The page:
There is an application fee, which can vary between £300 and £500. The First Tier Tribunal doesn’t have the power to award costs, so if you decide to employ professionals such as surveyors or solicitors to help your case, you will have to cover the cost of their bills yourself.
You can contact them in the following ways:
The freeholder is responsible for a number of different things under the lease terms, however because Your Homes Newcastle are the managing agents on behalf of the freeholder we will assume these responsibilities on behalf of the freeholder.
We are responsible for the main structure of the building, the shared parts and any shared services to your building or estate. These will depend on where you live and the type of property in which you live, but may include:
We also must:
If you can get evidence of who caused the damage we can charge them for it so that none of the cost will fall on you in your service charges.
If you live in a flat or maisonette in a block that has one, two or three storeys and where there is no cleaning service, you and your neighbours are jointly responsible for keeping the shared areas clean and tidy.
If a repair needs doing to one of the shared areas in your block, tell the Repairs Centre. Do not assume that someone else will do it. If the lights are out on the stairs, please report this immediately.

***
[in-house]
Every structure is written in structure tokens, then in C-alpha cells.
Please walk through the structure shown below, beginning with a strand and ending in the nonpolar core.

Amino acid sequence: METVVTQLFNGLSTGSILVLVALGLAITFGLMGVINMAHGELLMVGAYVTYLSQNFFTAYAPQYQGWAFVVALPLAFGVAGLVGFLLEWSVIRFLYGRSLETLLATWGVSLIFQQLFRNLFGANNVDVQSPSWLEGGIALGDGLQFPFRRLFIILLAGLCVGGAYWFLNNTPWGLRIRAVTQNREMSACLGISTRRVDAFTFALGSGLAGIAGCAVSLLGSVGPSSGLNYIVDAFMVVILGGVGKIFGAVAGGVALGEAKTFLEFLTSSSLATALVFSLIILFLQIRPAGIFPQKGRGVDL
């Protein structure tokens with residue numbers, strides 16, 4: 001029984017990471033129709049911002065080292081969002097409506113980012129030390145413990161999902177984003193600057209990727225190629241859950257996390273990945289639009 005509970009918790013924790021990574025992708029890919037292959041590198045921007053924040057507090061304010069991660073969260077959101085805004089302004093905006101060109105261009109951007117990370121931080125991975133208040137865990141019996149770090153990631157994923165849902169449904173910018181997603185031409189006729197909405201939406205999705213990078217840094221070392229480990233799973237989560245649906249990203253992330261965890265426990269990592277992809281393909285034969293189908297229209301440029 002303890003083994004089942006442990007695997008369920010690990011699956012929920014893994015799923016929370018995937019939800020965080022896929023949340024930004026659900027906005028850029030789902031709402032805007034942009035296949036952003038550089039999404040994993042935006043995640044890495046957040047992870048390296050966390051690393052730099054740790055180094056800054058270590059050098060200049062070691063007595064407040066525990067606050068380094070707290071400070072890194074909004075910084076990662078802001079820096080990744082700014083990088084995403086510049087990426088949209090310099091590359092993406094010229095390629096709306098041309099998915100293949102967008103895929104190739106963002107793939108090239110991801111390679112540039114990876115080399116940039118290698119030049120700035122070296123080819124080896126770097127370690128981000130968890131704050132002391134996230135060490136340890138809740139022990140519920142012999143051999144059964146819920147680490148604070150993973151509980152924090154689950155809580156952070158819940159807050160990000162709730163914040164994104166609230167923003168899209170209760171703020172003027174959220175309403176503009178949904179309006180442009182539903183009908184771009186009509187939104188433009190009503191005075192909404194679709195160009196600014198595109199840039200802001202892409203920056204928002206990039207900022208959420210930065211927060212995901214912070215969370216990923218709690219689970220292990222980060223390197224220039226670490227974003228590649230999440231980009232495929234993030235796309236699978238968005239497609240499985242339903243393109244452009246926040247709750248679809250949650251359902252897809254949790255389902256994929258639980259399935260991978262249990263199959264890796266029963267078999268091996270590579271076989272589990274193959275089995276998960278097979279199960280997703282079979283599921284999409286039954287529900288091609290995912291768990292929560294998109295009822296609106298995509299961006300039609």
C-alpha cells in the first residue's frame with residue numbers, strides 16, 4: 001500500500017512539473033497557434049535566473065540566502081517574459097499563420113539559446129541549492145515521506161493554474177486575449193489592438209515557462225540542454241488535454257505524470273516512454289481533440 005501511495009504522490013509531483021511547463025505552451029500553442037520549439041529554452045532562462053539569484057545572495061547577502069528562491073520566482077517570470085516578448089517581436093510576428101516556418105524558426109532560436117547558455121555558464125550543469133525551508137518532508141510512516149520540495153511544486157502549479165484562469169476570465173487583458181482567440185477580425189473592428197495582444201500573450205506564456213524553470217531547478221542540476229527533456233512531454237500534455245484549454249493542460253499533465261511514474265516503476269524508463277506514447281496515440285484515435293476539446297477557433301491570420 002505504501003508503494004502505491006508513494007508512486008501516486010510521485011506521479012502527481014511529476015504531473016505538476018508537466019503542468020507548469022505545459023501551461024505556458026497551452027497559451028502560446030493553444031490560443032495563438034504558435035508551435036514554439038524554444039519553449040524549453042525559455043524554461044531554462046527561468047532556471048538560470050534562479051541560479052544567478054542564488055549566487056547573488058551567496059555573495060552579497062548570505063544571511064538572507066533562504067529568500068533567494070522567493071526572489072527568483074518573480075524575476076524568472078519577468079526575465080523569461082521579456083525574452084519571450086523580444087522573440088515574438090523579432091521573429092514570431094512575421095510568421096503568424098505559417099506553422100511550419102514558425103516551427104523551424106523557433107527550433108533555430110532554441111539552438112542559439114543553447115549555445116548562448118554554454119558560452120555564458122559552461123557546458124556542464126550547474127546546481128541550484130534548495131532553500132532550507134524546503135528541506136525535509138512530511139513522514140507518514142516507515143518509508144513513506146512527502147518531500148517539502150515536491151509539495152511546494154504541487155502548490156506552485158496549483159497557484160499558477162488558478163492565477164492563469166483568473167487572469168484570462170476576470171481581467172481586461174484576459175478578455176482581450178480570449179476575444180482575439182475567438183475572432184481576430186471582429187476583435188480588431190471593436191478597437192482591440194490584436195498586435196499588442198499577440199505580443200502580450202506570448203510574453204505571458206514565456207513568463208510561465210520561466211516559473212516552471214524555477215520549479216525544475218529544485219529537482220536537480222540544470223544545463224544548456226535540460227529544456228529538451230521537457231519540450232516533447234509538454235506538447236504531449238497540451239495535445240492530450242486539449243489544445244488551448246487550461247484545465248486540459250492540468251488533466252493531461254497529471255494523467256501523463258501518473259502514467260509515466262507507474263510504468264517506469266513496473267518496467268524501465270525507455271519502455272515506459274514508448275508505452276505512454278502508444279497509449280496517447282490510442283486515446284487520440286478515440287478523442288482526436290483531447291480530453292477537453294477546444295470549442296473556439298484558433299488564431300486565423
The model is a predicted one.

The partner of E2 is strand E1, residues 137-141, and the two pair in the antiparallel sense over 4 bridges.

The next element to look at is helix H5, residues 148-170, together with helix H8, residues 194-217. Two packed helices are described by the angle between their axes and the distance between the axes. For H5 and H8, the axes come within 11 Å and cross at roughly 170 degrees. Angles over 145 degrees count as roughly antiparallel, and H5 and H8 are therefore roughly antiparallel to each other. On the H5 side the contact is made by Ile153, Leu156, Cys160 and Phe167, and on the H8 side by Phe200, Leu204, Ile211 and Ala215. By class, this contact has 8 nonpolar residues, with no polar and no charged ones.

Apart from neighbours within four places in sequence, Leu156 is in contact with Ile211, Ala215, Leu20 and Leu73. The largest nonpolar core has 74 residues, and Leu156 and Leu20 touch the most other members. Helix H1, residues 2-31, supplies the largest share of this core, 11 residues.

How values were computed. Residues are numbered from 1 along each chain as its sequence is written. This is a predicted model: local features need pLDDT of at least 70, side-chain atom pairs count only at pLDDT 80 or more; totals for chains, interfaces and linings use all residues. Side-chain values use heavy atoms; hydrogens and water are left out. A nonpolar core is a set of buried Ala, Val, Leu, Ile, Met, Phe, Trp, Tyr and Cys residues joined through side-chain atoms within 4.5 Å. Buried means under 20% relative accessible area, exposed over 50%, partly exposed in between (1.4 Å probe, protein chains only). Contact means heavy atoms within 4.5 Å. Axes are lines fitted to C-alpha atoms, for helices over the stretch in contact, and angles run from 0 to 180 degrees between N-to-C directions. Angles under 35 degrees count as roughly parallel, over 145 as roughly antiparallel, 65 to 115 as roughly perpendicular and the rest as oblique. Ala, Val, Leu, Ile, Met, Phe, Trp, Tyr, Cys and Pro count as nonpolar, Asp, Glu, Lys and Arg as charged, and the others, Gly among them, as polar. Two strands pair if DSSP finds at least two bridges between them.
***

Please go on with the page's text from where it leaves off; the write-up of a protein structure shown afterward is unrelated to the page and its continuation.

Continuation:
You must also make sure that you, your family or any visitor to your home does not cause harassment to your neighbours. This includes:
Vandalism is a crime. It costs money to repair damage and remove graffiti. It also makes your estate or your road a less pleasant place to live for everyone.
If the situation is serious you will need to keep a diary recording the nuisance. The housing officer can give you an incident diary.
In nuisance cases we usually need these records as evidence if we are to go to court.
We will always try to take action where there is evidence of a serious nuisance, and where a tenant or leaseholder is the victim or the cause of the nuisance.
It is vital that you record incidents of anti-social behaviour at the time they occur so that the evidence is as accurate as possible.
Remember, if you don’t tell us what is happening then it is unlikely we will be able to stop any anti-social behaviour.
Legal action is the last resort in serious anti-social behaviour cases as it could mean that the person causing the nuisance is evicted from their home or subject to an anti-social behaviour order.
For more information on anti-soocial behavior please click here
If the only way to get into your property is through a communal entrance you are not allowed to keep a cat, dog, or any other animal in your property, except for example, a blind dog.
However as long as your pet does not cause a nuisance or excessive noise, we will not take any action against you although specific permission to keep your pet will not be given.
If your flat has a garden that has been included within the area that has been leased to you, you are responsible for keeping it tidy.
You should not allow rubbish to build up as it may cause a health hazard and encourage mice and other pests.